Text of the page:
Prioritising these patches is the most effective way to make the security process more manageable for businesses of all sizes. By getting good advice on which patches to concentrate on and when, you can solve one of the biggest issues that make patching difficult.

 

3. Test, test, test

Getting patches tested quickly and well is essential. Automating the patching process can help remove some of the work for the team around run of the mill issues like non-critical updates in Microsoft's monthly Patch Tuesday release schedule. For those with specific security risks, manually testing the implementation and results can help speed up the process by putting more focus where it is needed; conversely, those that are low priority or can potentially be wrapped up in larger patching cycles can be left for others to test.

The act of prioritising specific patches for faster roll-out should also help you prioritise your testing schedule, where you need to take extra care, and where you can take your time.

 

4. Automate where you can

The scale of security issues is so big today, that automation is the only way that security teams can keep up. Automating the IT asset discovery process so that all IT assets are automatically registered and kept up to date is one step that can help keep the workload down.

Automating the vulnerability management and scanning process can also help here too. Looking at external facing web applications and assets stored on cloud service should help bring data together into one place, and provide tools that can make it easier to manage all these updates in one way.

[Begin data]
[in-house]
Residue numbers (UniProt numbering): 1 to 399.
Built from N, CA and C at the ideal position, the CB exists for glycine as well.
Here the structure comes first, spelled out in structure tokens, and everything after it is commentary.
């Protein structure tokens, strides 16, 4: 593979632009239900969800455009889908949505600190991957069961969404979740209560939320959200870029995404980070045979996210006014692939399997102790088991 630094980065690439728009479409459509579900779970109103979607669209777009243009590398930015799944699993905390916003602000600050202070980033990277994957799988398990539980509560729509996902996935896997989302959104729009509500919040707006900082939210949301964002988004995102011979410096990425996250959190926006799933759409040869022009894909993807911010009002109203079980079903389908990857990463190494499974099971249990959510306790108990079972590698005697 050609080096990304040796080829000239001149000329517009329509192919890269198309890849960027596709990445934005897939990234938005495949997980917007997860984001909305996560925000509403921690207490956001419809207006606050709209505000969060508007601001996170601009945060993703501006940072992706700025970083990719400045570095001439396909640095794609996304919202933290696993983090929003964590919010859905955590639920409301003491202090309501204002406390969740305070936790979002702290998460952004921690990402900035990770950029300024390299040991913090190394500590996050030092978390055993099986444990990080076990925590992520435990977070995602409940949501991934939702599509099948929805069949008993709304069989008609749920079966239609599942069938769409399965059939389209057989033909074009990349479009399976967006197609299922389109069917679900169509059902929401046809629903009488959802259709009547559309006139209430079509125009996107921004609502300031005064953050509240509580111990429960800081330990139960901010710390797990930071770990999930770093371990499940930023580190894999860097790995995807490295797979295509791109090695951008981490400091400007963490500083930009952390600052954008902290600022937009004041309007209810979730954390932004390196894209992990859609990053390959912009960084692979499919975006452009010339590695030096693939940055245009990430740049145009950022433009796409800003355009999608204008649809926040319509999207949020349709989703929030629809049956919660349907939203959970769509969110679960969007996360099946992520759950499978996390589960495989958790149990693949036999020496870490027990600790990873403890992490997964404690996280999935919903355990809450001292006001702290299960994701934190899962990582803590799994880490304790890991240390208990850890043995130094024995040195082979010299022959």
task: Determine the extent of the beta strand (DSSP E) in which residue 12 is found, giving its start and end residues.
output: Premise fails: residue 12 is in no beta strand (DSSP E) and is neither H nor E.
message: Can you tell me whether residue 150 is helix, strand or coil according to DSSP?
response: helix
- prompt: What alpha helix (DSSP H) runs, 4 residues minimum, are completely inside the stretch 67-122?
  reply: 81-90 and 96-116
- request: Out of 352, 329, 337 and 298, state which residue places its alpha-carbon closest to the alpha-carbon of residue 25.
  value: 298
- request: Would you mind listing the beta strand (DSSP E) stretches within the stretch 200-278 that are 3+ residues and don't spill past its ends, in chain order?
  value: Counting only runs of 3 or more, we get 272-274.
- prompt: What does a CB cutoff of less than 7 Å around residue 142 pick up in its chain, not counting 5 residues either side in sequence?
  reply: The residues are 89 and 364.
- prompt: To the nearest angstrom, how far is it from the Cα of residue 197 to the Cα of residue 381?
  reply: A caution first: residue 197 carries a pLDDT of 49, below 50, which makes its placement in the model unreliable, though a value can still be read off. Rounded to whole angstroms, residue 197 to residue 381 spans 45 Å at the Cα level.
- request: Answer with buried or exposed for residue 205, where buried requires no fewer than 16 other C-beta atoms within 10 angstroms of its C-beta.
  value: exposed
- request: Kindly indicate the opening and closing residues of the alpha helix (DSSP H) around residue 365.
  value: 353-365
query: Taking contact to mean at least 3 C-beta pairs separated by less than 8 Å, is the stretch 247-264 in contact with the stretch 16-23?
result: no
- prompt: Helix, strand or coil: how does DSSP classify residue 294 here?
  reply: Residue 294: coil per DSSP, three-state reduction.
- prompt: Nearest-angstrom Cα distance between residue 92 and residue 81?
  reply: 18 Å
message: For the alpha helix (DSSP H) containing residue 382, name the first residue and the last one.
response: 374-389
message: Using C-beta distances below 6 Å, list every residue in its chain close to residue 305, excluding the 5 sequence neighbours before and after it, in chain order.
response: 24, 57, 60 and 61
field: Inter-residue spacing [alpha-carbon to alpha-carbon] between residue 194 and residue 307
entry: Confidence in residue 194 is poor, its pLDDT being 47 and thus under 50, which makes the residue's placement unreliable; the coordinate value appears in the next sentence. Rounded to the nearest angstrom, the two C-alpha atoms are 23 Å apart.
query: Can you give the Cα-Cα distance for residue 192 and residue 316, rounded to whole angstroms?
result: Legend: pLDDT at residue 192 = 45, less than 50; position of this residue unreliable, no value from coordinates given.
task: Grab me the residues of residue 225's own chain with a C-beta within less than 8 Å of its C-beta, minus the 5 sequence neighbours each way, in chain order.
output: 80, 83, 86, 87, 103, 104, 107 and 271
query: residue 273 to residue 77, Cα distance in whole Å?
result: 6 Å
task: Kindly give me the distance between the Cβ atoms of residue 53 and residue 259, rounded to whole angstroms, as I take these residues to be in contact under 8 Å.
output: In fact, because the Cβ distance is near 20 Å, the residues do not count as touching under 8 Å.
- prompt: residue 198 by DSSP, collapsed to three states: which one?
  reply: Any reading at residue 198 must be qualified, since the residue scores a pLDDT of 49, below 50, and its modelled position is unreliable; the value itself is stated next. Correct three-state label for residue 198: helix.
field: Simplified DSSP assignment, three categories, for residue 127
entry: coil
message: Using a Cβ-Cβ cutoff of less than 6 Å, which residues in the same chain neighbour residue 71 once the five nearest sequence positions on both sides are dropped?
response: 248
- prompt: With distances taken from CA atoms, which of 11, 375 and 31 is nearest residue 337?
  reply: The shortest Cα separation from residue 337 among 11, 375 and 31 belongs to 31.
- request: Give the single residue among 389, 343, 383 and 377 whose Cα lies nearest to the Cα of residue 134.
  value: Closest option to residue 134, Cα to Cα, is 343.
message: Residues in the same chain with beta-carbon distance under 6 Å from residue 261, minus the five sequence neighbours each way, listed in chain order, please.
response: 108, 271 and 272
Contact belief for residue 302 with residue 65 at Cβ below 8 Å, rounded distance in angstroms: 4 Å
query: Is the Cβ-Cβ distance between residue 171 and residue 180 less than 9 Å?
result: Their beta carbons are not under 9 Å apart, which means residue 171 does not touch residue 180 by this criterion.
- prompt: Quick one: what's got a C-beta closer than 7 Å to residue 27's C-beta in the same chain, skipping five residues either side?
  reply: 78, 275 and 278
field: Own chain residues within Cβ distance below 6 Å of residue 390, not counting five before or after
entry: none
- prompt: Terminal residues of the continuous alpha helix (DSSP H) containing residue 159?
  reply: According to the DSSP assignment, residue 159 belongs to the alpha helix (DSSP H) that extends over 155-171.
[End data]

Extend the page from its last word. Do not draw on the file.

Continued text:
5. Work on your change management process

As part of any IT alteration, you may have a formal review process to go through. Change management boards exist to help provide official structure around updates and ensure that corners are not cut. However, this process can slow down patches getting deployed in a timely manner.

It's therefore worth looking at how you can streamline your process around updates. Prioritising issues in critical applications that are responsible for revenue or represent a serious security risk can help make changes get accepted more quickly; for lower tier applications or where testing has been successfully completed, getting sign-off should be a formality. However your organisation manages changes, it's worth checking that your process is still fit for purpose.

 

Patching is not simple

Deploying a single patch for a single system can be simple. Deploying that same update to multiple machines might be possible. Deploying multiple patches, to multiple systems, that all require testing, and that may or may not be connected to the network, is a huge task. It is time to stop thinking that patching is simple - instead, it can be a complex and shifting environment.

However, getting patch management right can make security easier over time, removing one of the prime risks that businesses face. By getting accurate data on IT asset deployments across all IT infrastructure, prioritising patches based on risk profiles, and by fixing patch roll-outs with automation, everyone can achieve security efficiency around vulnerabilities.

 


Darron Gibbard is Chief Technical Security Officer, Northern EMEA at Qualys. He is responsible for the company's work with customers around defining and delivering effective cloud security and regulatory compliance programmes. Before joining Qualys as CTSO, Darron spent more than 25 years working for a variety of payment services, media and telecoms organisations providing IT and information security expertise.  His early career was spent working in the vendor marketplace for startups and major security vendors in both a pre and post sales capacity.